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Custom Colors. DaVinci now offers custom color formulations for its synthetic slate and shake roofing tiles. For an extra $1,000, customers can choose a blend of the company’s existing colors (shown); for an extra $4,000, they can create a totally unique custom shade. DaVinci’s polymer roof tiles have a 50-year warranty and a Class A fire retardant rating. DaVinci Roofscapes, 800/328-4624, davinciroofscapes.com.

Energy-Efficient Lights. Kichler’s new Design Pro LED rail fixture uses four LEDs that draw a total of 24 watts of electricity while producing as much light as a 200-watt incandescent lamp, says the maker. Each light pivots and rotates for flexible illumination; the LEDs allegedly last 40,000 hours. The fixture comes in two designs for $447 each. Kichler Lighting, 866/558-5706, kichler.com.

Rain Screen. Benjamin Obdyke’s Home Slicker Stone and Stucco rain screen — a vertically channeled 1/4-inch-thick fabric-covered matrix — separates porous cladding materials from the housewrap to provide drainage and ventilation. The fabric remains breathable even when covered with mortar or a scratch coat. Formerly called Mortairvent, it is sold in 200-square-foot rolls for about $150. Benjamin Obdyke, 800/346-7655, benjaminobdyke.com.

Square Drain. Sometimes a custom tile shower needs something flashier than a utilitarian strainer. With California Faucets’ Style Drains, this detail can become an attractive focal point — and in some cases, the square shapes might make the tile installation a little easier, too. The company sells kits with the drain body included, or you can buy a drain throat compatible with the drain fittings of major brands. The chrome grid shown costs $135; bronze models cost more. California Faucets, 800/822-8855, calfaucets.com.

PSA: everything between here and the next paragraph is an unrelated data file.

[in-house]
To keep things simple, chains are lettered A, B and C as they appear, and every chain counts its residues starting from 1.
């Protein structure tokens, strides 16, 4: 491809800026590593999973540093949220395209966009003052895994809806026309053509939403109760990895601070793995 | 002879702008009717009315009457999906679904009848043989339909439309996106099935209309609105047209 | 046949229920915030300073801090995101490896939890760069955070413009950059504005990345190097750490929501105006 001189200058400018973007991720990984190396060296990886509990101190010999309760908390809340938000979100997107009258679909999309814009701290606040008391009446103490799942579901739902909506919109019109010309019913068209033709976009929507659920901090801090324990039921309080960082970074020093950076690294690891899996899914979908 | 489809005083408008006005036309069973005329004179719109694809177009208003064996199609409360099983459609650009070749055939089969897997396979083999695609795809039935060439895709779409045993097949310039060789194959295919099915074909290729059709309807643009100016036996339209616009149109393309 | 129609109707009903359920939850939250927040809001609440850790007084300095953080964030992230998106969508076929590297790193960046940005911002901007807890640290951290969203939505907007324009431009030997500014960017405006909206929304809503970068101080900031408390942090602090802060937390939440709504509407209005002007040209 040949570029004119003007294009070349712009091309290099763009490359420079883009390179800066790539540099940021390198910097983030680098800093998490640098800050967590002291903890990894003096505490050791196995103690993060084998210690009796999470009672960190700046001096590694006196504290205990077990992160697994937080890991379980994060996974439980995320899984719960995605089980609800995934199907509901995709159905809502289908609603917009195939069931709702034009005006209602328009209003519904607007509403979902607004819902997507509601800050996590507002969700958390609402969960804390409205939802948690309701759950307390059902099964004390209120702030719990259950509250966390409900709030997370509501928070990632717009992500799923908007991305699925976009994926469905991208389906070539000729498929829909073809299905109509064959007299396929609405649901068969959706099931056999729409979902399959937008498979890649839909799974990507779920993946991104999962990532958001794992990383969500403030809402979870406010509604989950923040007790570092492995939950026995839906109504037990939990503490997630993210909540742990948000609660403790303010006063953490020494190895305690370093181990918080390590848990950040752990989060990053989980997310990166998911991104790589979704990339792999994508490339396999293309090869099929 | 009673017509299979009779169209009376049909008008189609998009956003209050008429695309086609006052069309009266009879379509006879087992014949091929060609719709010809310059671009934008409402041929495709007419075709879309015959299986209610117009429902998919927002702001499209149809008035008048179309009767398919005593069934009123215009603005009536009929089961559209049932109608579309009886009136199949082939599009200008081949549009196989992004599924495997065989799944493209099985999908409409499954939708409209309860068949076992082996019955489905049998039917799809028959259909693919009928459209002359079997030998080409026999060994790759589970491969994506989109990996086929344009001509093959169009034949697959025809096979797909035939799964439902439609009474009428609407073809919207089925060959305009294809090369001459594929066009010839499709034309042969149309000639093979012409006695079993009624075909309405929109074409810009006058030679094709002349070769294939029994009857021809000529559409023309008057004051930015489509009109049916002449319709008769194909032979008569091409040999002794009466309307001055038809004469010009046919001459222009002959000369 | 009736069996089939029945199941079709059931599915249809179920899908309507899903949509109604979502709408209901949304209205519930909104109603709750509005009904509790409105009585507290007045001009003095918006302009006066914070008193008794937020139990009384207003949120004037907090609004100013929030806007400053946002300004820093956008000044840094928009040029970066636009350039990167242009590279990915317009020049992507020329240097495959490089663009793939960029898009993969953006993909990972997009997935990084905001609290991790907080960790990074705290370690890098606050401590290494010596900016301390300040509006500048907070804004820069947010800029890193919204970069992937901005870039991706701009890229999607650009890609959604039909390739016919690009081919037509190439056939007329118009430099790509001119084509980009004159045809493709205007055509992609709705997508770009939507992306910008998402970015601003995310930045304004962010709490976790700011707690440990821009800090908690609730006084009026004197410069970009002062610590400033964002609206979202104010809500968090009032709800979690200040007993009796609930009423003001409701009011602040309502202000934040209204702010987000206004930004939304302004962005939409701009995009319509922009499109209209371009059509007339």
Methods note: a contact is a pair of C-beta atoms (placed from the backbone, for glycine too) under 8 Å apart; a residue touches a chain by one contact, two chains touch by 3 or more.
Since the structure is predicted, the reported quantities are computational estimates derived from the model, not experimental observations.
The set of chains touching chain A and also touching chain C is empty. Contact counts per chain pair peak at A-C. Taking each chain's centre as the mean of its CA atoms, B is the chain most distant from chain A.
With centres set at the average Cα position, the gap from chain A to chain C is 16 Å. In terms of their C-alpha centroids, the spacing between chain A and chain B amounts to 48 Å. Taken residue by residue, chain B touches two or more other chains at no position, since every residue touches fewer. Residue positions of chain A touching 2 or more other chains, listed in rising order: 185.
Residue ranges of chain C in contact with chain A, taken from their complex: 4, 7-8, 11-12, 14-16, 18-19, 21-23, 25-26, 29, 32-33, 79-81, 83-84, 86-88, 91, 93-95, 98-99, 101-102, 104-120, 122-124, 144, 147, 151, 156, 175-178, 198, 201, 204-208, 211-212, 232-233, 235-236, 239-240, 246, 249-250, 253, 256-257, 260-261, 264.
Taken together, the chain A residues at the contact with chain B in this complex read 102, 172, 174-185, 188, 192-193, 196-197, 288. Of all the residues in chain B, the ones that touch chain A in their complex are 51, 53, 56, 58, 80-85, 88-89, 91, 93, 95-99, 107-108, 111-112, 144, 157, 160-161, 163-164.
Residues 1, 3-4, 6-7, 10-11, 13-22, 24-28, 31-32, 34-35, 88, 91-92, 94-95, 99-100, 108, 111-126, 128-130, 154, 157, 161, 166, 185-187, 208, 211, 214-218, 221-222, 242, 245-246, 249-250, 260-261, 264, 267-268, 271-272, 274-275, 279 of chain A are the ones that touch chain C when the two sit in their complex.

Dry Under Pressure. Tremco’s new Tuff-n-Dri H8 foundation-wall waterproofing resists hydrostatic head pressure down to 8 feet below grade, says the maker. The spray-on polymer-modified asphalt emulsion is covered with a fiberglass board that insulates the basement wall and protects the coating during backfilling. The product costs about $1.25 to $1.50 per square foot installed. Tremco, 800/876-5624, tuffndri.com.

Glue and Fill. Fill nail holes and gaps in plastic trim and even glue pieces together with ITW Devcon’s TrimBonder adhesive filler. It’s UV-stable and waterproof, and can be painted or left its original white color. As an adhesive, it can be used on a variety of wood, plastic, metal, and masonry materials. It’s sold in a nail-hole filler kit with two 50-ml cartridges and four applicator tips for about $45, or in larger tubes or pails for larger plastic-trim fabrication jobs. ITW Devcon, 800/933-8266, trimbonder.com.

Plastic Furring. Plastic furring strips are impervious to rot, corrosion, insect infestation, and mold growth — making them an attractive option for basement walls and other moisture-prone areas. Superior Polymer’s EcoStud furring is made from 100 percent recycled plastic resin; the company says it provides a better thermal break than steel studs and works well with all types of insulation. A dozen 8-footers costs $60 to $65. Superior Polymer, 877/586-5543, superiorpolymer.com.

Flood Protection. Like other foundation flood vents — which are a code requirement in some coastal areas — Smart Vent’s stainless steel Dual Function vent helps prevent damage from storm surges. But it also provides air ventilation; it has spring-activated louvers that open automatically at a preset temperature. According to the manufacturer, its floating mechanism makes it less likely than fixed vents to become clogged with debris. Airtight insulated models are also available, as are models for garage doors. The Dual Function vent costs $200. Smart Vent, 877/441-8368, smartvent.com.